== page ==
Despite its title, The Cool Scene at Cafe Bizarre: Twelve New Ways to Fly is one of the more unusual retrospective compilations to be issued in the 21st century. The Cafe Bizarre may have become truly infamous in the late 1960s as an East Village haven for radicals and psychedelic experimenting philosophers. That said, in the later '50s and early '60s it was also a cathedral for the Beat writers and various elements of the jazz scene. This collection features poets reading their works as well musical selections by the Cafe's more famous patrons from the jazz world: Charlie Parker, Lennie Tristano, Roy Eldridge, Gerry Mulligan, Chico Hamilton, and even George Shearing. Most of the poetry on this set is by long-faded personas we never knew, and sounds like it: nostalgic yet reverent and intense imitations of works by their more well-known forebears. In other words, the works of the Mad Monk, Ellie Girl with Seven Beat Sulks, Ringo Angel (who sounds like a professor and might have even become one), Felix Lupus, Stevenson Phillips, and Jamaica Johnny Cayonne are here for either nostalgia or ridicule, but they contain a certain innocence that long ago died in America. There are other musical selections as well, and all of it adds up to a curiosity piece for those obsessed with history or the dregs of Beat-era poetry.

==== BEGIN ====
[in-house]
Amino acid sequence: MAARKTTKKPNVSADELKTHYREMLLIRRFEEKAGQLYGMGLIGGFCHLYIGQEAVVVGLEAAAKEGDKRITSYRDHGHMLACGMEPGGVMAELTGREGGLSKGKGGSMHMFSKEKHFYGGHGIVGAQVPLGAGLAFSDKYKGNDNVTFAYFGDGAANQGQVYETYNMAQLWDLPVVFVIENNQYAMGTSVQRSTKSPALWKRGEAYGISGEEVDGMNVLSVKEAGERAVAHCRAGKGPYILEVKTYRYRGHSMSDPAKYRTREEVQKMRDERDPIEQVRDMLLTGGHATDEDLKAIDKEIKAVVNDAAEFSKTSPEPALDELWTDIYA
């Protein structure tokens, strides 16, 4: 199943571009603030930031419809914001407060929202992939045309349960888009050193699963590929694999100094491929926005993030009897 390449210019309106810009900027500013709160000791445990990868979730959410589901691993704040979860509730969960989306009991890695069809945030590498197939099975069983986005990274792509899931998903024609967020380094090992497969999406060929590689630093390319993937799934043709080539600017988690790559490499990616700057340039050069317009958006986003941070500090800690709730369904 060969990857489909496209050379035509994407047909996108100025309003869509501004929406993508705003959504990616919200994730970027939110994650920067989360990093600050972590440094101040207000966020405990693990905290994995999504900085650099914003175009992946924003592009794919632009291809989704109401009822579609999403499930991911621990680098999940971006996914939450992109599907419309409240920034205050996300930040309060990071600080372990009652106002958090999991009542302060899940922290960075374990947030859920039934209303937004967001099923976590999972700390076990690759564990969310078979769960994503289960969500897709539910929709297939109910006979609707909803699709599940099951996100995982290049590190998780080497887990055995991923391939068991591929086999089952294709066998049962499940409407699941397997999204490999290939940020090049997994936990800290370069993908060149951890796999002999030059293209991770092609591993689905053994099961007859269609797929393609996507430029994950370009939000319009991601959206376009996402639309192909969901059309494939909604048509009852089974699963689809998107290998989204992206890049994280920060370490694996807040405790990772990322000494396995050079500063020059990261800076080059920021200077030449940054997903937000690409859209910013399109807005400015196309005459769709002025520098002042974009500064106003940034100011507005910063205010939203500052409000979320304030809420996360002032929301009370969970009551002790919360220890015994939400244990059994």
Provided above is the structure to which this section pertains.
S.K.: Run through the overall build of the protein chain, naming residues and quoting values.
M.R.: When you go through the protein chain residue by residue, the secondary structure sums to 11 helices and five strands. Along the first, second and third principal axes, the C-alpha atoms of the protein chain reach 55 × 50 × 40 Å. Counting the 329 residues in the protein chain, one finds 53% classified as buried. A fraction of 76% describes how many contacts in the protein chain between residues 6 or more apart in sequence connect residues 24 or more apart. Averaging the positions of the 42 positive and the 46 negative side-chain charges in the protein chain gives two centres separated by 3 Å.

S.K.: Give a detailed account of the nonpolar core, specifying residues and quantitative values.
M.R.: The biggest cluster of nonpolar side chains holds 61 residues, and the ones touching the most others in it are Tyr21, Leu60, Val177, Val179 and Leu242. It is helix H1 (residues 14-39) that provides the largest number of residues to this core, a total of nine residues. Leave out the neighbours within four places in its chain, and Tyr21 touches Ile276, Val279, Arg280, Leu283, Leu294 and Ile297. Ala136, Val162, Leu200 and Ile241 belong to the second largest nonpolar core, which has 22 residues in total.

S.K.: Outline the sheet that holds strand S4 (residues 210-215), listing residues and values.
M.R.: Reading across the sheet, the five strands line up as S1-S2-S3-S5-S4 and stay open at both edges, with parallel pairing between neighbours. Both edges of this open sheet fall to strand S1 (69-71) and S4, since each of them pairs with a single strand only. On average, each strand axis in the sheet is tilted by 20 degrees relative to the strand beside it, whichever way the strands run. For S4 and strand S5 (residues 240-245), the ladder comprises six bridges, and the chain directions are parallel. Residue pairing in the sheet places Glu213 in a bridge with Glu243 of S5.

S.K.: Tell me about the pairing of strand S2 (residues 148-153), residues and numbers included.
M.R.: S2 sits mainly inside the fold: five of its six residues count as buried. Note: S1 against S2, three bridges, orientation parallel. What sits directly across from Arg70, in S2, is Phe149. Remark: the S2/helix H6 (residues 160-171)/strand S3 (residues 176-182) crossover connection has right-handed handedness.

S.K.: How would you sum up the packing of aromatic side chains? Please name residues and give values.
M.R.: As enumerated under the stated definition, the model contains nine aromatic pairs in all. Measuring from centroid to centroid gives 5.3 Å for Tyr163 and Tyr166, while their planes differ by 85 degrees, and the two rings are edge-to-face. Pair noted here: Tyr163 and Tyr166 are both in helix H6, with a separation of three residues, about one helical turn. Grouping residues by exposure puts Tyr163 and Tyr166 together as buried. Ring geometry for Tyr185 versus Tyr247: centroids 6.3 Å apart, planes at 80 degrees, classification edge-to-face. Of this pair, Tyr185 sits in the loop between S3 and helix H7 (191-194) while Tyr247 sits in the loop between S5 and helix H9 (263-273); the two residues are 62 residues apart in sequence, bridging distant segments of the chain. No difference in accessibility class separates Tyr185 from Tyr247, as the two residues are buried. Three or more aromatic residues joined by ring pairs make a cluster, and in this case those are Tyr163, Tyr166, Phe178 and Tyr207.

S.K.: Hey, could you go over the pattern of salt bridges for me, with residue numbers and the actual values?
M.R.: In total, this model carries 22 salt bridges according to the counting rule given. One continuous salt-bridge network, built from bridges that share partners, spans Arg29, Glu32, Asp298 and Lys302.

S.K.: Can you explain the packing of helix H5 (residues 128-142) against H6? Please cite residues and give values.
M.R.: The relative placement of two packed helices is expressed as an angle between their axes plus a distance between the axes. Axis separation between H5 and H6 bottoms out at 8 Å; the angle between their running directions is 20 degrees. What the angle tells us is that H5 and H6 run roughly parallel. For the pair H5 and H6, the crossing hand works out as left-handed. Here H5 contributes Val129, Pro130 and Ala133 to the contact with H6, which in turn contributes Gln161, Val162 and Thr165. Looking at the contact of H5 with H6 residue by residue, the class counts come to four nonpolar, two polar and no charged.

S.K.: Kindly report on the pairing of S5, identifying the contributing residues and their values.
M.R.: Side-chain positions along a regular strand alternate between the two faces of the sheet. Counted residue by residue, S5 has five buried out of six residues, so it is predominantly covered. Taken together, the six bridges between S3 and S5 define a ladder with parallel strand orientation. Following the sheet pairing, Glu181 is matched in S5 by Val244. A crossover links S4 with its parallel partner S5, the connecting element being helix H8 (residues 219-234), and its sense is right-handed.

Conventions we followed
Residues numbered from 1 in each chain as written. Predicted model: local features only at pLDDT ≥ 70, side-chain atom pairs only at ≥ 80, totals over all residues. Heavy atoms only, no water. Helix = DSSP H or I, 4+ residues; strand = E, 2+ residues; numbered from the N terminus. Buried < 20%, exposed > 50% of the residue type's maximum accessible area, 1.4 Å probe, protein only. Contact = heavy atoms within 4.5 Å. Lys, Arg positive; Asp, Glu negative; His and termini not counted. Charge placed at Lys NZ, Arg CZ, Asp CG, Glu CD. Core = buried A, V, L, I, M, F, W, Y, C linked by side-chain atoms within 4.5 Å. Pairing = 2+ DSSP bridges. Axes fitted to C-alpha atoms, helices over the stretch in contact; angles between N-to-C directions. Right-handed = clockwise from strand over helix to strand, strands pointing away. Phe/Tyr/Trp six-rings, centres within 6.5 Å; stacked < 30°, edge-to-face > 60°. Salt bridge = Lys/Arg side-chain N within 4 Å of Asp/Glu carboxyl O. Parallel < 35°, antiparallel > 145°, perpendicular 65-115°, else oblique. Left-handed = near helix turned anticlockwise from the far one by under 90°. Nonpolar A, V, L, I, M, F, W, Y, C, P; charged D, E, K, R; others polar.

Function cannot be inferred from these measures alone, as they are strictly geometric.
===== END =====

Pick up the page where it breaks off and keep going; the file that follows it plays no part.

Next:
AllMusic Review by Thom Jurek